A Key to Happiness

A Key to Happiness

By Candice LeSueur

 

It has been said that if you want to see where our society currently stands on the social spectrum, look to the popular TV shows that are being aired. I haven’t watched very much television at all the past few years, so I decided to do my research to see what I’ve been missing, and I was amazed with what I found. Do you know how hard it is now to find a TV series based on a family where both husband and wife are raising their family together? You will find plenty of shows with complicated family situations, or without any families at all—just individuals desiring a life of solitude.

Is this really the projection we want for our society?

Gallup trends have revealed that not only are fewer young adults married, but that there are also fewer in committed relationships. Those who are single and not living with anyone have risen from 52% in 2004 to 64% in 2014. Many believe that avoiding committed relationships will bring them more self-gratification and happiness, but wisdom would say otherwise.

We need others in our lives in order to be truly happy.

Dr. Martin Seligman (2002), the father of positive psychology, put it this way:

Very little that is positive is solitary. When was the last time you laughed uproariously? The last time you felt indescribable joy? The last time you sensed profound meaning and purpose? The last time you felt enormously proud of an accomplishment? Even without knowing the particulars of these high points of your life, I know their form: all of them took place around other people.

I remember the joy I felt when I first learned how to dive into our pool, stayed up real late on New Year’s laughing to no end over nothing important, and when I just could not stop smiling while lying under the stars next to our campfire and listening to the strumming of the guitar. All these moments of happiness, and so much more, all have occurred only because of the togetherness I felt from the friends and family I have had around me.

Now, I am not married yet, but the main point I want to make is that I know this idea couldn’t be truer in marriage. Husbands and wives need each other in order to reach this kind of happiness. Brandon Dabling, a Political Theory professor at Brigham Young University, recently taught, “Men and women have a deep and natural longing for each other. Not simply sexual desire, but ‘coupling.’ If you lack that intimacy, then you will not fully flourish.”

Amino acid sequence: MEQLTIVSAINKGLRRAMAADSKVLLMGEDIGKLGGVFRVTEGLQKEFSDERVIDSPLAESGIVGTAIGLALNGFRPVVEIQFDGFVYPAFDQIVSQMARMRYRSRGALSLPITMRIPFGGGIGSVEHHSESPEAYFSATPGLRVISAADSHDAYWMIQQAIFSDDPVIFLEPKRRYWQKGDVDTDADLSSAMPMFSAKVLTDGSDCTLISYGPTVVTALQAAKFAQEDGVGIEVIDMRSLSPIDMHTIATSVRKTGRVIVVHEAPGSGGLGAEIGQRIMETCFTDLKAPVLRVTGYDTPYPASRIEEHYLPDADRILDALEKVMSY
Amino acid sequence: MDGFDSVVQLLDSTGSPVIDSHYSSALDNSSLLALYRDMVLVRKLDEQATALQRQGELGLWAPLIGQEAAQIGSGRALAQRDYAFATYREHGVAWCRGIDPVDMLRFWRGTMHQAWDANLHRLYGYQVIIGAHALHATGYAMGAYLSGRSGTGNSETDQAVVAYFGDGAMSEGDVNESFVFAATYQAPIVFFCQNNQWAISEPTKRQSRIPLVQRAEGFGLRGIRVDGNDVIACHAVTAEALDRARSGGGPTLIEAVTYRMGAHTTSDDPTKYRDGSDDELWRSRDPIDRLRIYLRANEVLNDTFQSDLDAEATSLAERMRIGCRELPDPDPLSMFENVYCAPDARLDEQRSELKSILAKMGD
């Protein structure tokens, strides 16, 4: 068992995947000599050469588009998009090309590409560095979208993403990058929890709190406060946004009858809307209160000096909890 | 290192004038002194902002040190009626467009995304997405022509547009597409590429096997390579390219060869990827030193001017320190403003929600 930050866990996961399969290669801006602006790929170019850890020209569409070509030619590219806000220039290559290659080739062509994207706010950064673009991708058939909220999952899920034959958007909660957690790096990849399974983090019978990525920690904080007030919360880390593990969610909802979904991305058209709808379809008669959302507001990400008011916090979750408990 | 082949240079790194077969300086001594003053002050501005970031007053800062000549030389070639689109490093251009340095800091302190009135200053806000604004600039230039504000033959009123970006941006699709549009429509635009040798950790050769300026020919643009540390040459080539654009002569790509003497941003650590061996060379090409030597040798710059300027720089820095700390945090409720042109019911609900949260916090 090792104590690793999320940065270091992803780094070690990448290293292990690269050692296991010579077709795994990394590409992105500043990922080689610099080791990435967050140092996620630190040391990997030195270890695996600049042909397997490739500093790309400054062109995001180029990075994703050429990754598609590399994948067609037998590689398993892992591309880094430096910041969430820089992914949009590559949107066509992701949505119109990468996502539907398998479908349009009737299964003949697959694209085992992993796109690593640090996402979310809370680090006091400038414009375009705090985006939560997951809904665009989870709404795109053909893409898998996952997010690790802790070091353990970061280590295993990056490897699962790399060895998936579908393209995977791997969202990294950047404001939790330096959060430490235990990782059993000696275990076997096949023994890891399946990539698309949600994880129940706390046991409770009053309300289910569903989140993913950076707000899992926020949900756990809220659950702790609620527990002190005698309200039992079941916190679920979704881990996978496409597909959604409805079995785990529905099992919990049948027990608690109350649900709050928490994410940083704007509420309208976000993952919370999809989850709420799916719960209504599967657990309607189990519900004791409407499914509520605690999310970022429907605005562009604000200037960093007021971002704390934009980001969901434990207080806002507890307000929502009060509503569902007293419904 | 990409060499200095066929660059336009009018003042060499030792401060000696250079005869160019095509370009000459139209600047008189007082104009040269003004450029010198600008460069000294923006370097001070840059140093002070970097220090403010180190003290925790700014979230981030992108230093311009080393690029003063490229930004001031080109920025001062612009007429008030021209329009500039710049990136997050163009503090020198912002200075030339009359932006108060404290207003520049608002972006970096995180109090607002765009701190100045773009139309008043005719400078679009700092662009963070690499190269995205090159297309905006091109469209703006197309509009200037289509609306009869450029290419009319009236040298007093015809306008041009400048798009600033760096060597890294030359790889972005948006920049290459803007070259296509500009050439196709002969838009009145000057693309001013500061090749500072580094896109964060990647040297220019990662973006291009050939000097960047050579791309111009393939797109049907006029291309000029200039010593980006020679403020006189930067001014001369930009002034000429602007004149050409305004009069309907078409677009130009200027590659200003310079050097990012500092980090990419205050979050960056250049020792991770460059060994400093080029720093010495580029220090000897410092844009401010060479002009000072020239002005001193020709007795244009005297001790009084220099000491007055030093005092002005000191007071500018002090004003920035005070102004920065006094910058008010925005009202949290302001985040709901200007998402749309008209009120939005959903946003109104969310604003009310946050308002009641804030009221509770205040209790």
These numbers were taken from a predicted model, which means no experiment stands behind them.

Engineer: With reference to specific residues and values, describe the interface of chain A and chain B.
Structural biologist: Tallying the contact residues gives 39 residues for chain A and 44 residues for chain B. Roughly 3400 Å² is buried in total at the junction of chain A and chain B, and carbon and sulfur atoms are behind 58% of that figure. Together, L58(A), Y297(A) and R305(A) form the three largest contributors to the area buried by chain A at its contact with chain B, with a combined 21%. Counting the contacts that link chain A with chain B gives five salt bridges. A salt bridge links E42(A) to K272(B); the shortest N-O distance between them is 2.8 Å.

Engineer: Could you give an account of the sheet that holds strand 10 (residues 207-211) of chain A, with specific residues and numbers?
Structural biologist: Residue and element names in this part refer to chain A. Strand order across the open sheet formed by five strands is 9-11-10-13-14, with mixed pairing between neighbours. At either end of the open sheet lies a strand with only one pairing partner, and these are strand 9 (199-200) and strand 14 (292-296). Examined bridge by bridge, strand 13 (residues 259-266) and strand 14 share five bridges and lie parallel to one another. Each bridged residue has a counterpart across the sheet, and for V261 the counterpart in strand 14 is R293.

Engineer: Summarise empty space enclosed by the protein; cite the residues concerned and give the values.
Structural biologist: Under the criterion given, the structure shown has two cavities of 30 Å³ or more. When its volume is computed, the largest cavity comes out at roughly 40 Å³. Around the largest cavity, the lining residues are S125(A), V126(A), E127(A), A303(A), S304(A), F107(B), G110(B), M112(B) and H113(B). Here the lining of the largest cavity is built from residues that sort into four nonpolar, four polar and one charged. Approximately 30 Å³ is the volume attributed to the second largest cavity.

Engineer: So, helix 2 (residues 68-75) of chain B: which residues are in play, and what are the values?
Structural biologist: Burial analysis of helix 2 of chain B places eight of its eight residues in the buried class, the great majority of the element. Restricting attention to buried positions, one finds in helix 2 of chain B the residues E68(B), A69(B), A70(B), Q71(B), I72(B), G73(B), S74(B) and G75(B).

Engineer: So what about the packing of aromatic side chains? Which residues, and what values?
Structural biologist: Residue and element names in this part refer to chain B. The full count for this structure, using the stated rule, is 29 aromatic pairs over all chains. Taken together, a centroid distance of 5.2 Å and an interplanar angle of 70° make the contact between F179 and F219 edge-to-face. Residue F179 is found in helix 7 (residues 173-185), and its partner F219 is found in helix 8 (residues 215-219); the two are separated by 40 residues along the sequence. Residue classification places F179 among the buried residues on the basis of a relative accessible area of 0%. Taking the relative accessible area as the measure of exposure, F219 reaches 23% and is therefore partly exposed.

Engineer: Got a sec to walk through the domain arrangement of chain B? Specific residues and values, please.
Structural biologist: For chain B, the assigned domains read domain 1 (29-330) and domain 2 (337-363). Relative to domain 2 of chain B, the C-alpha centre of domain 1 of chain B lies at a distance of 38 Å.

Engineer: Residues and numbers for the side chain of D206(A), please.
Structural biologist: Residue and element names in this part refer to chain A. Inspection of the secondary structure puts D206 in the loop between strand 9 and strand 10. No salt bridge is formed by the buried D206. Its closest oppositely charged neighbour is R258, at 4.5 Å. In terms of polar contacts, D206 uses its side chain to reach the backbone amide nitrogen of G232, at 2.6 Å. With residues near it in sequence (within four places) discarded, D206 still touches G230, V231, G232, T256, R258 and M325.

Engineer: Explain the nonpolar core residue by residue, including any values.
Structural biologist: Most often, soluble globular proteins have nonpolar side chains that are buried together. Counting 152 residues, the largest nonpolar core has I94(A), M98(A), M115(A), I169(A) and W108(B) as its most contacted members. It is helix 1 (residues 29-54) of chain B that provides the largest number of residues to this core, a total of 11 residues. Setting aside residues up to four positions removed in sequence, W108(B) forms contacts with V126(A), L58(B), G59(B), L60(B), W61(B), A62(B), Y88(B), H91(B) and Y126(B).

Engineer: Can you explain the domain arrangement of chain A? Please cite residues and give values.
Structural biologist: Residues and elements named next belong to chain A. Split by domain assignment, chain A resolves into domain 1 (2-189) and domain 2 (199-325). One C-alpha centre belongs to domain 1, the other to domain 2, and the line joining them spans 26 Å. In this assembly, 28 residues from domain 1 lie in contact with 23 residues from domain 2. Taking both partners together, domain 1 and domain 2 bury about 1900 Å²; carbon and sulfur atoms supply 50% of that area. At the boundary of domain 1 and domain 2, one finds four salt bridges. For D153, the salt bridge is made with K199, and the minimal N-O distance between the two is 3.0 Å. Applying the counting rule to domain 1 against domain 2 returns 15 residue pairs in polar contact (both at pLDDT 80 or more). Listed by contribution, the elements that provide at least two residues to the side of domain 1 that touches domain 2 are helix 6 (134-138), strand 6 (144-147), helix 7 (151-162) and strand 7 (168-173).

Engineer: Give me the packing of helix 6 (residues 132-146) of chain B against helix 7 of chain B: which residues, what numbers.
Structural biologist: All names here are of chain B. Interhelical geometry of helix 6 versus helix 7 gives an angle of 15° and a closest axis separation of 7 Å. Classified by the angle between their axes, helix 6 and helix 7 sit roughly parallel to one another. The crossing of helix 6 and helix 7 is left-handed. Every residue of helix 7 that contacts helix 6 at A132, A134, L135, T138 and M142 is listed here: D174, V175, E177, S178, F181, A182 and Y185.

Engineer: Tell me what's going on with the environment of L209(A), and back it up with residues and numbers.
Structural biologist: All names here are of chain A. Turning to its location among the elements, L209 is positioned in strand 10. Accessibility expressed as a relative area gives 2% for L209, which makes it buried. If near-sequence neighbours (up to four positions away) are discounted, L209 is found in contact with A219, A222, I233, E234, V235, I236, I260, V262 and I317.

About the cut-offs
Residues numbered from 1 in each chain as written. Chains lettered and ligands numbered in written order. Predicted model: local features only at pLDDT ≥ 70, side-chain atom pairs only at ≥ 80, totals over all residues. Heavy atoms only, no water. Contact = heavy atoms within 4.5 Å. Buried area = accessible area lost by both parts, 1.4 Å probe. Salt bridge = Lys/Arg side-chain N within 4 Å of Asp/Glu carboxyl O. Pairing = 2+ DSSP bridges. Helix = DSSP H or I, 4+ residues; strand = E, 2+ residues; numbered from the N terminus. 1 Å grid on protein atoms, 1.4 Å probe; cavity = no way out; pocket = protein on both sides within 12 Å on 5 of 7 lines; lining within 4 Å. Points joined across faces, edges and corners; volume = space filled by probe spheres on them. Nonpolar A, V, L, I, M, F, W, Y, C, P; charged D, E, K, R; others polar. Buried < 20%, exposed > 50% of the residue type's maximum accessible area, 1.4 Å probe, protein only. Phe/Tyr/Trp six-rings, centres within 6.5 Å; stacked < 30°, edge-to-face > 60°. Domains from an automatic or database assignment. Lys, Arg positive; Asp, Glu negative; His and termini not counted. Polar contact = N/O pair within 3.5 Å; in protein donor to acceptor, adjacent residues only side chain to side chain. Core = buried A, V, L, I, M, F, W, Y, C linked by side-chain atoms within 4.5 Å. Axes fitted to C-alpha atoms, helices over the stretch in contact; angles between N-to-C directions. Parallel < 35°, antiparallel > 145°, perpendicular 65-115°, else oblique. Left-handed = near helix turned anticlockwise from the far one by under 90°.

If you are married, I’m sure you can recall several moments when you have experienced major growth because of your relationship with your spouse. One of the beauties of having this partner in life is that you will help each other progress in ways that are unattainable in other types of relationships.

Growth and happiness through partnership in marriage can also be learned from a humorous letter Benjamin Franklin (1745) wrote to a friend who was inquiring advice from him on how to choose a mistress. Franklin wisely began his letter by responding:

“My dear Friend,

I know of no Medicine fit to diminish the violent natural Inclinations you mention; and if I did, I think I should not communicate it to you. Marriage is the proper Remedy. It is the most natural State of Man, and therefore the State in which you are most likely to find solid Happiness…It is the Man and Woman united that makes the [complete] human Being.”

To reiterate, the quality of our relationships, especially in marriage, determine our sense of fulfillment and happiness that can never be achieved in isolation. Men and women have each been given gifts they each can bring to a marriage in order to flourish in the way God intended. There is truly a divine reason why He has said that it is not good for man–or woman–to be alone” (Genesis 2:18). If we would like to feel the type of happiness God desires for us to experience, we will find it with our friends and family, and most especially, in our marriage.

I adore the way President Kevin J. Worthen conveyed this topic as he shared his thoughts with the student body at Brigham Young University. To preface his remarks, he noted that the principles he would address applied with full force to marriage: “Heaven is other people. Heaven will be heaven because of the other people who will be there. And experiencing heaven on earth will ultimately depend, to a large degree, on the quality of our relationships with others.”

May we access heaven.

 

 

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